The other day when I was buying groceries, I was called a “nutcase”. Not because I spent 4 euros on hummus which can easily be made for less than 50 cent (that’s what I call nuts!) but because of my “cart dilemma”. I can’t use shopping carts that people left coupons or candy wrappers in. I just can’t. It’s not okay to leave garbage behind, it’s not sanitary, and it violates my rules, so I just cannot use carts with garbage inside. It makes me mad, and sad, and confused. How can people leave shared things like this? Continue reading “The Nutcase”
Being an Aspie, conversations sometimes can be pretty tough. Especially while being in a public area. I will try to illustrate what it feels like for me:
Let’s imagine the following situation. I just left the campus and I am on my way home. For whatever reason I decided to take the bus and I am currently waiting for it at the bus stop. I try to concentrate on myself as it is very noisy. A lot of other students decided to take the bus. The bus stop is very crowded. A fellow student sees me, comes up to me and starts a conversation:
Fellow student: “Bllblblbllblblll klklklkl aiaiai ememem.”
Me: “Excuse me?” Continue reading “Asperger’s & Conversations”
Great article from the lovely Laina, please read it (and the rest of her blog of course)!
I’m an autistic adult. I was also a generally well-behaved child. My mum had a near-endless supply of patience, and she had a few extra tools up her sleeve, coupled with an understanding–and total acceptance–that I was “different” from other kids, even if we had no clue how or why, back in a time when these concepts and attitudes were unheard of. My mum was truly ahead of her time, and for that, I’m eternally fortunate and grateful.
Life is not black and white, however. It’s not all roses, nor is it all raindrops. It just doesn’t work that way. 🙂
There were times when, despite her soothing voice and gentle distraction strategies, I simply acted up. She was astute enough to notice that I primarily acted up during Times of Trigger, such as twisted sock seams or an outburst coming from the unseen child in the next grocery store…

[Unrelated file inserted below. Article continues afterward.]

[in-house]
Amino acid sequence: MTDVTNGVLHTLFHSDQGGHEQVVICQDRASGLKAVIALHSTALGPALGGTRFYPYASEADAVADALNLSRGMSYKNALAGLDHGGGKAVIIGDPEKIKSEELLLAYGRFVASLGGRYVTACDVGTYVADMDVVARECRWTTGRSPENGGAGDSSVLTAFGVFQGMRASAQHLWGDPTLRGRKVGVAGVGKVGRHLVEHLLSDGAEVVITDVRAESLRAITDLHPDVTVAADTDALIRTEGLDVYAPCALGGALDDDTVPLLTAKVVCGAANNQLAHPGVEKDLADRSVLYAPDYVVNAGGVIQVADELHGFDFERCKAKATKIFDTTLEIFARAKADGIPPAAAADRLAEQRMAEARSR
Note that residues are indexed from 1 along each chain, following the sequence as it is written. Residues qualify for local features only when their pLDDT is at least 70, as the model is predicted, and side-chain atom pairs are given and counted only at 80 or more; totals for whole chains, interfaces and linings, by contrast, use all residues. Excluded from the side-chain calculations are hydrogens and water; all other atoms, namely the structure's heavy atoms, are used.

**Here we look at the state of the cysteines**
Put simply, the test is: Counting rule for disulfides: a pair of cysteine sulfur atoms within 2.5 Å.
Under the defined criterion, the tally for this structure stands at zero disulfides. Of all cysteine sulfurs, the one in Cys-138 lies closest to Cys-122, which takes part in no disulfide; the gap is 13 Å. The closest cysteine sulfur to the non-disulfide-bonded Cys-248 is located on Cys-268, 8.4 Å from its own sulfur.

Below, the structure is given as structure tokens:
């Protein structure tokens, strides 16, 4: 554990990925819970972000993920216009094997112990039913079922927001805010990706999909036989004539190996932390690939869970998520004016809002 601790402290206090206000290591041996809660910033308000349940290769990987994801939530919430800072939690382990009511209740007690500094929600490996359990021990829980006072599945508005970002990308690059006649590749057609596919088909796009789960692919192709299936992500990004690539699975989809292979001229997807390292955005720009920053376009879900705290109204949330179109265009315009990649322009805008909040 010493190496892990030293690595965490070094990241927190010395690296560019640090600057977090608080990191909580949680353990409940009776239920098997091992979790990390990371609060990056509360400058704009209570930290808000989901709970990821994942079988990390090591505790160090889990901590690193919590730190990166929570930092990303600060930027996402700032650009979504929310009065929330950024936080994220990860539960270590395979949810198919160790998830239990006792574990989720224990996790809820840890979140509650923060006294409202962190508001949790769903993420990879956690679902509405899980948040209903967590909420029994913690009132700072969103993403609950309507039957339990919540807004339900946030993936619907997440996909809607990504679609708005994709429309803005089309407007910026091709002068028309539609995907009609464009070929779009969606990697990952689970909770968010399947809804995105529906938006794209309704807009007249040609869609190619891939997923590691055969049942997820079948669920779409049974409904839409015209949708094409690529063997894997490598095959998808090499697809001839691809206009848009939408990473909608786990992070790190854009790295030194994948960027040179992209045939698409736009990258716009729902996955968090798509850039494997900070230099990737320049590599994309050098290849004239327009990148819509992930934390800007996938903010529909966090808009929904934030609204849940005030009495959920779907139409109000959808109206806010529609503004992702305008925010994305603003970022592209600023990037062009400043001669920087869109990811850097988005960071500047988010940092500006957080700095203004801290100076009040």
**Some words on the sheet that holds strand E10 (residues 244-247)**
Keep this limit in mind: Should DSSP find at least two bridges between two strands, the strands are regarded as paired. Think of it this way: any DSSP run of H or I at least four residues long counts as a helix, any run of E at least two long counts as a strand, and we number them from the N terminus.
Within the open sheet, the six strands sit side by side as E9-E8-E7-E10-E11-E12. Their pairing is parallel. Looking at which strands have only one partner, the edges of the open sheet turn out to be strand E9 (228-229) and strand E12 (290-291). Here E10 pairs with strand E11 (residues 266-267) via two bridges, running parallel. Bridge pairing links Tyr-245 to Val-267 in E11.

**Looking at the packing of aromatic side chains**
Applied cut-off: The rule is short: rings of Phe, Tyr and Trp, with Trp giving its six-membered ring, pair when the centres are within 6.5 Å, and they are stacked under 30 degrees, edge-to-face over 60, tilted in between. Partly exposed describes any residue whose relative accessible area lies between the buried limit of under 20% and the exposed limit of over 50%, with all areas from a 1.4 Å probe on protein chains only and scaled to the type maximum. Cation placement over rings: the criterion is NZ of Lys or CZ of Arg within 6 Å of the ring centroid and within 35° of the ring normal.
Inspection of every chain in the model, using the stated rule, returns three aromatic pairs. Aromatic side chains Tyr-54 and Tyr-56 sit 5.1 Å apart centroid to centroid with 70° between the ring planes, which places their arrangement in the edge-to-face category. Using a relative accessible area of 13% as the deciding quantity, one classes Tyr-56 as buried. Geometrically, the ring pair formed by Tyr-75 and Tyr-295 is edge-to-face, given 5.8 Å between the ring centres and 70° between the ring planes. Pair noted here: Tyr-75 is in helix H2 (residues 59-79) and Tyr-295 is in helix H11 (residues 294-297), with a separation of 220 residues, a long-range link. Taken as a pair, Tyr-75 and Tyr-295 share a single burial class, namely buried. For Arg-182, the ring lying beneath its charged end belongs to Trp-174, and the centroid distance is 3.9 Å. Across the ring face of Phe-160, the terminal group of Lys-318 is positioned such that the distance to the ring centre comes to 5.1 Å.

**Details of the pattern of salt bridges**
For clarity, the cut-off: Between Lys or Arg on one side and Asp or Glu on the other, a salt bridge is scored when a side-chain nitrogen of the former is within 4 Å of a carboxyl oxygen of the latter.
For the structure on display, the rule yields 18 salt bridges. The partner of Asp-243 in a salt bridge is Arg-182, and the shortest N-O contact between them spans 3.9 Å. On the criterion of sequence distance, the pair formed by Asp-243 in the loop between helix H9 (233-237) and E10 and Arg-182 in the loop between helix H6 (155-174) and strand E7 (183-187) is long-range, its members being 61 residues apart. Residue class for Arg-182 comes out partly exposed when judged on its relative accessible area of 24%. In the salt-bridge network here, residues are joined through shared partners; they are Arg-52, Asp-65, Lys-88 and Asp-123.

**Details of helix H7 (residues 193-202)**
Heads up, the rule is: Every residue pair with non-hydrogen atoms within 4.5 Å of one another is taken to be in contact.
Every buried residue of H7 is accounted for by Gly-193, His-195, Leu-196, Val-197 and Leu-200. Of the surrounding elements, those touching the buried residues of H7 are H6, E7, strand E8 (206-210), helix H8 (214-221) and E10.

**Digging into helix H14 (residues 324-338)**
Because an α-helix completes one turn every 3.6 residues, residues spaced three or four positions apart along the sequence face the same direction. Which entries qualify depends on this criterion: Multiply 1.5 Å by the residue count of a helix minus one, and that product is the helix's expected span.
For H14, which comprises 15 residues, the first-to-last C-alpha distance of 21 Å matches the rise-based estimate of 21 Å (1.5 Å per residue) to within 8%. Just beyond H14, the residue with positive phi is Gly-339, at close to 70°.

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During the semester life can get pretty busy and stressful. A lot of lectures with different audiences, a lot of student meetings for presentations, meetings with profs, campus sports, and of course crowded public transportation. And then there are friends and family who also want to talk to me and spend time with me. In the evenings I often feel exhausted, and more than often I really feel close to OVERLOAD. When I was younger, I wasn’t able to feel overloads coming beforehand. I couldn’t protect myself from the outside world as well as today. What really helped me was keeping track of my days: What stressed me today? What went wrong day? What should I have avoided? What helped me dealing with stress? Continue reading “My autism journal”
I am worried. Constantly. Mostly about my parents and my sister. I have always been worried about them. When I was little, I was afraid of getting separated from them, I screamed bloody murder when for example the elevator door was slowly closing and my mom or dad was still in the hallway. I was scared to lose them and never see them again. When I grew older, the worrying never stopped. Until today, I worry that my mom and dad might die, that my sister might have an accident. If they drive to work, I worry about them being involved in a car crash. When my dad works in the garden, let’s say with a chainsaw, I worry about him getting hurt or killed. It’s insanely exhausting. Continue reading “I am worried.”
“Your son will never have friends.” That’s what the doctors told my parents. Repeatedly. Yes, I prefer spending time on my own. Yes, I am socially awkward. And yes, being surrounded by a lot of people at a time stresses me out. But does that mean I can’t have any friends, or that I am not interested in having or making friends? No! Of course not.
Friendship is very dear and special to me. And I am talking about real friendship here, not acquaintanceship. That is in fact something I am very bad at. Continue reading “Autism & Friendship”
If you are not familiar with stimming: It’s a way (mostly) autistic people calm themselves down in different situations. The word stands short for “self-stimulatory behavior”. I do it when I am in stressful situations such as being on a bus, sitting in a crowded lecture hall, or shopping at a mall. But I also do it when I am at home, even if I am not stressed out, just because it’s a nice and calming feeling. There are different ways to stim. Some people like to chew on stuff, some stim via different motions of their body (you have surely heard of autistic people rocking back and forth), some enjoy touching different textures, some love colors – there’s a lot of ways to stim. Continue reading “How I stim”